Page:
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The Hidden Network Churning Out Celebrity and Influencer Beauty Lines

Every celebrity wants to launch the next Kylie Cosmetics or Fenty Beauty. But few want to put in the work required to build a brand from scratch. BoF takes a look at the growing field of companies that develop beauty lines for famous faces.
Spongebob's recently launched beauty collection | Source: Courtesy
  • Cheryl Wischhover

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NEW YORK, United States — Someone who has yellow skin riddled with holes seems like an unlikely candidate to front a beauty brand. And yet… SpongeBob Squarepants just launched his first makeup collection.

Like Kylie Jenner and Drew Barrymore before him, the anthropomorphic sponge who lives in a pineapple under the sea had a little help: Nickelodeon parent Viacom hired HipDot, a Los Angeles-based company that develops beauty brands, to create SpongeBob’s line of eyeshadow, lip gloss and sheet masks.

HipDot is a new entrant in the booming world of brand builders, the often anonymous companies that create beauty lines, fashion collections and other products for celebrities, reality television stars and influencers. These firms handle everything from product development to operations, marketing and retailer relations. Most are only known to beauty industry insiders, even though in terms of sheer volume they sell more makeup than many of the brands on display at Sephora.

“What we found in working with a lot of these influencers and celebrities is that frankly they just didn’t have a lot of interest in running the brand itself, so we answered that call by developing services in our business around helping support a brand,” said Dustin Cash, who co-founded SOS Beauty with Charlene Valledor in 2017 and has developed lines for Jen Atkin, Patrick Ta and others.

It’s a business model that has exploded in recent years, as everyone from celebrity facialist Shani Darden to Lady Gaga aspires to create the next blockbuster beauty brand à la Fenty Beauty or Kylie Cosmetics. But starting a beauty brand isn’t easy; a shoddy product or a buzz-less launch can kill an influencer’s new business before it starts. That’s where companies like HipDot and SOS come in.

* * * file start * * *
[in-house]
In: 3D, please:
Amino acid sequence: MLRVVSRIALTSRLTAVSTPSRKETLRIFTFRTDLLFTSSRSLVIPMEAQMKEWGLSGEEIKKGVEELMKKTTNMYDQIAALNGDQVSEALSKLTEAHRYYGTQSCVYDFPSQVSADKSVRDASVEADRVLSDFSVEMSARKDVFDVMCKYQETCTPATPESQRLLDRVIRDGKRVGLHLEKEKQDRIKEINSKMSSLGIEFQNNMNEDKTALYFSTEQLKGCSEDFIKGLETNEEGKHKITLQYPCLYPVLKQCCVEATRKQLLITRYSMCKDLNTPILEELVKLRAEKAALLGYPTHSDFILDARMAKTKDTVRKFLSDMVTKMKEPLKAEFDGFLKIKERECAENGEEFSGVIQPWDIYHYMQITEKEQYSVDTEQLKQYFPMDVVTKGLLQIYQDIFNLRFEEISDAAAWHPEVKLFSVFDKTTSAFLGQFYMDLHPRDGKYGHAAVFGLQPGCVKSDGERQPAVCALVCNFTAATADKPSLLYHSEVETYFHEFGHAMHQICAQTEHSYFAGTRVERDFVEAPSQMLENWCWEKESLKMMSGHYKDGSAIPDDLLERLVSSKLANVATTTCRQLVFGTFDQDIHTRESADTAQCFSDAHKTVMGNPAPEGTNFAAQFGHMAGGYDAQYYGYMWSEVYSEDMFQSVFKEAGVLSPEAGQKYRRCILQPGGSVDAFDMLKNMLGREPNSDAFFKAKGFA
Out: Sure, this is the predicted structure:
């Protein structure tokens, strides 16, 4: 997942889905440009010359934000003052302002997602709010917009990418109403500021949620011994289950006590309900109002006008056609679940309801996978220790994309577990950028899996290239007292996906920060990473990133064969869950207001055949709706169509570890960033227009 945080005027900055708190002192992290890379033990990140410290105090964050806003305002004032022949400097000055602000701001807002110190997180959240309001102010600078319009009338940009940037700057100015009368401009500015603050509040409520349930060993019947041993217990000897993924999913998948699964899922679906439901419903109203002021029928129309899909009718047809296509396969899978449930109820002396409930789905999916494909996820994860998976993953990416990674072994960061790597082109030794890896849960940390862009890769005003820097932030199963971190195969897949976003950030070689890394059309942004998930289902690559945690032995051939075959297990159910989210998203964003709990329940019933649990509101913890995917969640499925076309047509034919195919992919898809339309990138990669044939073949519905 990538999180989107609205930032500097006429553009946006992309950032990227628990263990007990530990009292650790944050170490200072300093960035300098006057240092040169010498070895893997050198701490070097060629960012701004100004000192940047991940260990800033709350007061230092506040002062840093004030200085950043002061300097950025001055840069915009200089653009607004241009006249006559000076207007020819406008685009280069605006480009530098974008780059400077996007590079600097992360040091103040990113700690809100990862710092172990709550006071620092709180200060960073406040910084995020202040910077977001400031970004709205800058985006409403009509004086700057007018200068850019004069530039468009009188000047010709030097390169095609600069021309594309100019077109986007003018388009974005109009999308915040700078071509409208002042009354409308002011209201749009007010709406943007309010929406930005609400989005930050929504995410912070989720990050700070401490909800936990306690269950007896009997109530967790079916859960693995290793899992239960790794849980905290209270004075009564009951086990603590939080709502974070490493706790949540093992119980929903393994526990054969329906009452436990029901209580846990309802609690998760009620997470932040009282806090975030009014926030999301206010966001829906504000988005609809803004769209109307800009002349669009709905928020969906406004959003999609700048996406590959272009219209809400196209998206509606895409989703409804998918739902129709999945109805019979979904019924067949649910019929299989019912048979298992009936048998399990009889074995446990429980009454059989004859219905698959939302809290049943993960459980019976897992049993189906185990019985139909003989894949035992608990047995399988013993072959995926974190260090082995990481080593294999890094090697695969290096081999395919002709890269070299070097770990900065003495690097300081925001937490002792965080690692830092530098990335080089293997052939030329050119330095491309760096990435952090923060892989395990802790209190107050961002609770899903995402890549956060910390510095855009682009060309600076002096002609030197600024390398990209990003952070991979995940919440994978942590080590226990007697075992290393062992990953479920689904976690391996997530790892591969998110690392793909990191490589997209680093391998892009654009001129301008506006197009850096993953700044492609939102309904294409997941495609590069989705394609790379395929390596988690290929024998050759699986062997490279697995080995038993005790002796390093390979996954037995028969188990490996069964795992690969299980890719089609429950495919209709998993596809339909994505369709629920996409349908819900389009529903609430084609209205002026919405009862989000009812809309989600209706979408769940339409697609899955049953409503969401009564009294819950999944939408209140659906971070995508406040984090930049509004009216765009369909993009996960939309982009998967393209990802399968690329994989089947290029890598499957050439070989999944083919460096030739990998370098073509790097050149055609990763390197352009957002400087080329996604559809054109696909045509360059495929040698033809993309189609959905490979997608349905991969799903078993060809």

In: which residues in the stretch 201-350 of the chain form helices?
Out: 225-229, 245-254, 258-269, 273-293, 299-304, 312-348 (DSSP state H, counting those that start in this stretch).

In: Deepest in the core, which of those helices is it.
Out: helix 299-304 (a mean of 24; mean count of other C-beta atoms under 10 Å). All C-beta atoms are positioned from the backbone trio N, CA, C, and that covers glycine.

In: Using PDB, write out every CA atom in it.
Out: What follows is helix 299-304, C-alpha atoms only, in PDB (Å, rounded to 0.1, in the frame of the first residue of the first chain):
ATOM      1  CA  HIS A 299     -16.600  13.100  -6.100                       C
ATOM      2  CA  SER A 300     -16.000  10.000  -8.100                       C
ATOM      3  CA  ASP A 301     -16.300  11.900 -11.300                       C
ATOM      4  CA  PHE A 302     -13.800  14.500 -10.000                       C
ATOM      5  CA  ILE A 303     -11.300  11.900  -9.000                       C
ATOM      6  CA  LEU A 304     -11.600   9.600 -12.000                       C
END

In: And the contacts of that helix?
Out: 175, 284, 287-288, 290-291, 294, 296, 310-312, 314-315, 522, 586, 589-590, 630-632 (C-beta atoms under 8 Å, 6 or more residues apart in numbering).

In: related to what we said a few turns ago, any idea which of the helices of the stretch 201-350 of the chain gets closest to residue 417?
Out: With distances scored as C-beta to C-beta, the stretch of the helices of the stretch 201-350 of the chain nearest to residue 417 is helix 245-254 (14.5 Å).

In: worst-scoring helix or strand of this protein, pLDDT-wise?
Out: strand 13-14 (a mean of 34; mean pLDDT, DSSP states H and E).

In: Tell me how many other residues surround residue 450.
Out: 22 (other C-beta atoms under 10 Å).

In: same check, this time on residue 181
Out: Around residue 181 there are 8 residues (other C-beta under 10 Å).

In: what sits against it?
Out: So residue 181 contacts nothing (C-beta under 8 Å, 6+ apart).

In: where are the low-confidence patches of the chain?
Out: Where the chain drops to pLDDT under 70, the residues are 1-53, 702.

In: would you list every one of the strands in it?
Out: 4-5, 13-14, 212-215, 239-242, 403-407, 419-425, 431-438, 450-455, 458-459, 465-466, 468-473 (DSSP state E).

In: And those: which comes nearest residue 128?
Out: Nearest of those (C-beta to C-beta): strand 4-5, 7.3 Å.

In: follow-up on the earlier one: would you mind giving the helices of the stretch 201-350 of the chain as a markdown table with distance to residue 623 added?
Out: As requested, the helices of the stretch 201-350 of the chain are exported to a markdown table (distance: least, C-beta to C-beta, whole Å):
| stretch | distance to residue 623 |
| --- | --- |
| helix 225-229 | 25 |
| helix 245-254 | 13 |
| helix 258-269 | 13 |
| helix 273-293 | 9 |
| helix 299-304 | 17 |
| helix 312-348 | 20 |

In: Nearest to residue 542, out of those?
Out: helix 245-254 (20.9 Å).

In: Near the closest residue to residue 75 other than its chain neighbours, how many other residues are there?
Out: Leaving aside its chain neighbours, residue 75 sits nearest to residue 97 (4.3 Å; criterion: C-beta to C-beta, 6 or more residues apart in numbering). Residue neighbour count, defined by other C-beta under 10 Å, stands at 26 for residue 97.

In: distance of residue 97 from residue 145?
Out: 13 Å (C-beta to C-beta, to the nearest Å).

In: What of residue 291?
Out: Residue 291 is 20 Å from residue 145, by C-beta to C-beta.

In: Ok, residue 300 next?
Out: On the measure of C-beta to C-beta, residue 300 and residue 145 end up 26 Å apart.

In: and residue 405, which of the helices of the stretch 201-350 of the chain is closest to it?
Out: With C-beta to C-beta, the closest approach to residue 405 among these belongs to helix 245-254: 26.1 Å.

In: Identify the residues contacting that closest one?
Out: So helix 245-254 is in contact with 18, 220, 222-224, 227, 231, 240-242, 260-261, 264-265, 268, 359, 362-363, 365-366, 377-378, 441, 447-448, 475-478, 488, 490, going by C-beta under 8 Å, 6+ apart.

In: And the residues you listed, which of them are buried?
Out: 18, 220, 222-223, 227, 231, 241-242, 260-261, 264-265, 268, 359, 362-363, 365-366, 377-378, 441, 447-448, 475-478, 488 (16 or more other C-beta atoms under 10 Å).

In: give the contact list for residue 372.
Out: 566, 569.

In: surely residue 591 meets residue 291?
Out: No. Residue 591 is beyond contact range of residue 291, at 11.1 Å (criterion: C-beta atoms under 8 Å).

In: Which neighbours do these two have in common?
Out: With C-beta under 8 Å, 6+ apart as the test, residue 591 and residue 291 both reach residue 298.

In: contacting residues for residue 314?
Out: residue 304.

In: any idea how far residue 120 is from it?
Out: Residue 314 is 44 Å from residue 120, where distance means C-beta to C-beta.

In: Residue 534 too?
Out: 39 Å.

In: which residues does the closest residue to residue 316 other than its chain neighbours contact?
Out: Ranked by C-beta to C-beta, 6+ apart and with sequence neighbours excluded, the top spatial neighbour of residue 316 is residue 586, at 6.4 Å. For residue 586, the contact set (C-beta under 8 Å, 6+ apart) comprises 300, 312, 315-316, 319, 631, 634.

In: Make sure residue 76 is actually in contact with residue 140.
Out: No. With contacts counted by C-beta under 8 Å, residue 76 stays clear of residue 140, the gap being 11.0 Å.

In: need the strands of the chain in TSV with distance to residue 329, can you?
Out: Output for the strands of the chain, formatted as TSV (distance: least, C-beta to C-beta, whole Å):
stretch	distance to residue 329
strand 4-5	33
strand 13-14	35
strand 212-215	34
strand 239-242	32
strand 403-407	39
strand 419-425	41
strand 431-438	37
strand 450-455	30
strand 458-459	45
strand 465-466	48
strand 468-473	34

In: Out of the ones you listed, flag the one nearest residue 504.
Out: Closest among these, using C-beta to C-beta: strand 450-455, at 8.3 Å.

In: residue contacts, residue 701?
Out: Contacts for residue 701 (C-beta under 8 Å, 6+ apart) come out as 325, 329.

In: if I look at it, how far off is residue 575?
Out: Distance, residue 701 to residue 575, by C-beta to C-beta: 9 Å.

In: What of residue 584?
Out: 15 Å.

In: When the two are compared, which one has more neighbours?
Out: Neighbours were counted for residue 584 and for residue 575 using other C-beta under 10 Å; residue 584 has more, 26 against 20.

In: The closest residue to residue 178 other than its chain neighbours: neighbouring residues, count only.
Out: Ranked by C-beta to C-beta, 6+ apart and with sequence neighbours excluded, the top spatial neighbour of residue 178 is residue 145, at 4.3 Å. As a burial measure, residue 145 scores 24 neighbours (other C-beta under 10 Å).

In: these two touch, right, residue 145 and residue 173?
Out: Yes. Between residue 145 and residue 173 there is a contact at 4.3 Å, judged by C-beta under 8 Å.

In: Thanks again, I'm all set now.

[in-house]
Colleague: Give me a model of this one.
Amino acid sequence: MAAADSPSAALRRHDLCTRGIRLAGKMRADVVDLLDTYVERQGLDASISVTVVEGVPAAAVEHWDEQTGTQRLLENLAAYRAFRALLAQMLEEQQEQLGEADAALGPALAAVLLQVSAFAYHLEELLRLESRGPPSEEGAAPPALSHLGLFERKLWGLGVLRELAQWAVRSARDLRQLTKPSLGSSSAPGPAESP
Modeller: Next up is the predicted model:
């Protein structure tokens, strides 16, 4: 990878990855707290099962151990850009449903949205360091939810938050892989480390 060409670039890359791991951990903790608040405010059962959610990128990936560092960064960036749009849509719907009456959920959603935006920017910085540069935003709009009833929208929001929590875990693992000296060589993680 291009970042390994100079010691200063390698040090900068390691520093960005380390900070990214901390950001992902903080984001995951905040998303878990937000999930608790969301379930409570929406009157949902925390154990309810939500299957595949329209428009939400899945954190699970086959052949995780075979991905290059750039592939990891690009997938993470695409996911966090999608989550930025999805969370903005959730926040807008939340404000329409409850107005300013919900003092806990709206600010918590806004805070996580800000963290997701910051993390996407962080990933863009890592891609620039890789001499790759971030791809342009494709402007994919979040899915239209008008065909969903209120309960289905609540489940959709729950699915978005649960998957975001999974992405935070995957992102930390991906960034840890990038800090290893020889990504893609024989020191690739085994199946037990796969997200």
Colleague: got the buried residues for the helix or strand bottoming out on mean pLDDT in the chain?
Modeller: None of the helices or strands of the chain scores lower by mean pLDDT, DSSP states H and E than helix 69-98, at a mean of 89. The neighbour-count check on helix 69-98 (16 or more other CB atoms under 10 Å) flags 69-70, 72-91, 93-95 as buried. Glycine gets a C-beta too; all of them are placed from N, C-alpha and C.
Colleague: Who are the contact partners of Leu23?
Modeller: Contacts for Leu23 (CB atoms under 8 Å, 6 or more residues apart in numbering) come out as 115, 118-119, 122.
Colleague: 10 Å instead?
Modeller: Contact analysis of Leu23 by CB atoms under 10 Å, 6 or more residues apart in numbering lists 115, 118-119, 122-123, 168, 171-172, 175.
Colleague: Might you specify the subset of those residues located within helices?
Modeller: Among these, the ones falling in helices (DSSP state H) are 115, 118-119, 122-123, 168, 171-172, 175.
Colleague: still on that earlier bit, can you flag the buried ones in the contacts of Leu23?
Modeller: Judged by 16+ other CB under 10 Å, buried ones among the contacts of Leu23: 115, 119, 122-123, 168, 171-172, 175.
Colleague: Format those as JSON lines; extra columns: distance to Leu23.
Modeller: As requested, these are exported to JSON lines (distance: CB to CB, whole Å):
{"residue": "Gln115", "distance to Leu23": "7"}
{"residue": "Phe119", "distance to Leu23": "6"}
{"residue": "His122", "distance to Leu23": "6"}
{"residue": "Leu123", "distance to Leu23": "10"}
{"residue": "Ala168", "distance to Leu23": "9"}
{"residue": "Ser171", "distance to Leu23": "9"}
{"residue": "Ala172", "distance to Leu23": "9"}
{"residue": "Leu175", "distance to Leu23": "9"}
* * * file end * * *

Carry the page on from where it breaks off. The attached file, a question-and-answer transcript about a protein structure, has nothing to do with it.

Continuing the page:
HipDot started in 2017 as a platform selling third party indie makeup brands. But co-founders Jeff Sellinger and Mo Winter, who worked together at Disney and shopping awards app Shopkick, soon made the switch from wholesale to brand building. Samantha Lim, a veteran of Milk Studios and Pat McGrath's beauty brand, joined when HipDot pivoted.

Like other brand incubators, HipDot handles much of the legwork involved in launching new beauty products. It will create products, find manufacturers, devise a marketing plan and develop a distribution strategy. This year, it received $2.5 million in seed funding from Foundation Capital, Founders Fund and Ludlow Capital. The company launched its first product, a line of eyeshadow palettes under its own name, in March, and also created a glitter palette for artist HeyRooney for Pride Month.

The goal is to develop brands with celebrities (which by their definition can include fictional characters like SpongeBob) and influencers capable of appealing to loyal niches of beauty consumers. Up next for HipDot is a deal with a “major celebrity musician,” whose brand will launch later this year, Sellinger said.

“When you think of an incubator, you might think of someone that is small and has the capability to grow larger, but a lot of what we look for, they have the opportunity to be large right from the beginning,” said Sellinger.

We noticed a significant increase in influencer and celebrity requests once Kylie Cosmetics was launched.

HipDot and other incubators have no shortage of potential collaborators. Influencers are looking to step off the Instagram or YouTube treadmill and build their own businesses. Rihanna and Gwyneth Paltrow showed movie stars, musicians and athletes that they can generate big returns if they do more than slap their face on the box.

They typically need outside expertise; not every celebrity can marshal the resources of Lady Gaga, who developed her beauty line, Haus Laboratories, with an in-house team. Cash said it takes between $3 million and $7 million to launch and support a prestige brand through the first couple years.